It may not be pretty but it's very important for keeping your images credited to you. You don't want people taking credit for your work. There are some unethical Pinners who will replace your Pin's URL with their own, unfortunately. You always want people to be able to find your site should they see your image and want to know more about it. While it may be safer to plaster the text right across the middle of the image as a big watermark, I'm opposed to that. That ruins the image so much that I, personally, won't Pin and share such images. It's just too ugly. So if you want your images to be shared, don't totally obscure them with ugly text.

The next thing you need to do to your website is add descriptions to your images that Pinterest will use when someone Pins your image. I am amazed at how many Pinners are too lazy to add even one word of description to their Pins! They just put a dot, or a space, or a simple word like "wow" in, just enough to satisfy Pinterest's description requirement. Unfortunately, this will not help your art get seen. Pinterest does not have eyes. It has no idea what your image looks like. So if someone uses the Pinterest Search feature and types in "art" your images will not come up if they lack a description, or have an inappropriate description. Let's face it, we're never going to get all those lazy Pinners to type something, so let's do it for them.

Pinterest will grab some information from your website automatically, if it's there. If you highlight text from a page before you click the Pin button then Pinterest will insert that selcted text into the description for you. So make sure there is text near each image that says something about the artwork so Pinners can use that if they want. 

Many Pinners don't know about this, or won't bother, however. So you can go one step further and add behind-the-scenes descriptions to your HTML that Pinterest will grab by default. If nothing is selected Pinterest will grab whatever is in the "alt" tag for that image, so be sure to include alt tags in all your images! Since no one visiting your website normally sees these alt tags (it only shows up if the image does not display) you don't need to worry about cluttering up your page, so make your alt tag as long and descriptive as you'd like. For the above fox painting my alt tag looks like:

alt="Oil painting of a red fox pup in his den, by wildlife artist Crista Forest, Fine Art Prints available"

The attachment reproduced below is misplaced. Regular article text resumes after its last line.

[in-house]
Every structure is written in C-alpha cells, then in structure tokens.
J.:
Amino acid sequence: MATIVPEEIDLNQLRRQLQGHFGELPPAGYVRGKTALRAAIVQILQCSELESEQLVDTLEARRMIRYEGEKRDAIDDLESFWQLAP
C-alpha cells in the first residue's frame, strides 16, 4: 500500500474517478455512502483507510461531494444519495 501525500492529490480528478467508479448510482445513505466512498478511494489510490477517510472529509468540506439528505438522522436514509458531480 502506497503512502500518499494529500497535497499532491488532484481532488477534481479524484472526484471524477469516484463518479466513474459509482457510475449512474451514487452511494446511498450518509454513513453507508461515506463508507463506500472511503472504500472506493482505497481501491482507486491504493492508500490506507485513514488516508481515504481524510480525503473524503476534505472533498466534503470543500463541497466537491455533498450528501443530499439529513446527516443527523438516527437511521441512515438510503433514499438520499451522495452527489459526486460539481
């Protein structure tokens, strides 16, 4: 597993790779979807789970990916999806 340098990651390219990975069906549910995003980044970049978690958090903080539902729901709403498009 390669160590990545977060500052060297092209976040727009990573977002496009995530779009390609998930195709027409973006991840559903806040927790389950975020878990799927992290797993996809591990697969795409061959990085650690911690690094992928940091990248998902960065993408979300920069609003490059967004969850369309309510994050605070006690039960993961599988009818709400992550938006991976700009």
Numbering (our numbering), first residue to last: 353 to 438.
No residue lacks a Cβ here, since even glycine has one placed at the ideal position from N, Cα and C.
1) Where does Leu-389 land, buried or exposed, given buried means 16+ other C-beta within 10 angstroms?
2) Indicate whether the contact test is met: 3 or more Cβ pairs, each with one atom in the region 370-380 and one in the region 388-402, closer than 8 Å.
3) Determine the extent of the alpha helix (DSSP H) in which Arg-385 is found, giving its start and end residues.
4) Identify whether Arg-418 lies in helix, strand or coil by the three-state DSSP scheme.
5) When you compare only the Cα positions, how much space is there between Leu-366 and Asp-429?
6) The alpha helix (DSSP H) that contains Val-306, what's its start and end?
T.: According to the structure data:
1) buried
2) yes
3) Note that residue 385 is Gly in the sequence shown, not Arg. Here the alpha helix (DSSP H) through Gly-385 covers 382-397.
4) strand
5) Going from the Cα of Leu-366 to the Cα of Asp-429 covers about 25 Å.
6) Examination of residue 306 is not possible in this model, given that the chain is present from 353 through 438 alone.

The words within the quotes are what Pinterest will insert into the description automatically when someone Pins your images from your website. Don't use only the title of your artwork. Use descriptions with keywords you think people will use when searching for art like yours. I don't even bother including the titles in mine. The above fox painting's title is "Learning" but I doubt anyone searching Pinterest using the word "learning" is looking for fox paintings. It's more important that I get related keywords like "painting" and "fox" and "art" in my description. Be sure to include your name. As you can see, I even included my website URL, which becomes clickable once Pinned.

Speaking of URLs, here's another tip about those when posting your artwork. If you have an account with Fine Art America, Etsy, Daily Paintworks, or similar site, don't Pin your art from there. Many of these sites make it easy for users to Pin from them. The problem with this is that when you post from these sites their URL becomes linked with your image, as shown in this Daily Paintworks Pin below.

This would be great if clicking that link right there would take viewers to your Daily Paintworks page, but it doesn't. (This is not the same as the URL people are taken to when they click the actual image, btw) If someone clicks that link what they see is a whole page of images Pinned from Daily Paintworks by anyone and everyone, which may or may not show any of your images. It's better to have your own website URL in there so when people click that link they will see all images posted from your website, not Daily Paintworks. You'd much rather have them discover other images from your art website than other artists from DPW! If you already have some of those Pins on your Boards you don't need to delete them and go re-Pin those images from your own site. You can just Edit the image and replace the DPW (or Etsy or whatever) URL with your own.

Well, that's it for now. I'm fiddling around with Boards and think I have some ideas on how to organize things to make Boards more appealing and more likely to be followed. But that's a whole topic in itself so I'll save that for a future post. In the mean time, come over and follow me on Pinterest!

Dec 8, 2013

Brushing The Cat No.2

Somehow I missed posting this painting I finished back in October. I had done a previous "Brushing The Cat" paint of an orange tabby cat with this concept of the paint brush creating the cat's image. In that one I'd deliberately left the whole painting unfinished as if the brush were still working on not just the cat but the entire painting. In this one the painting is finished but the brush is just putting the finishing touches on the cat, adding the stripes.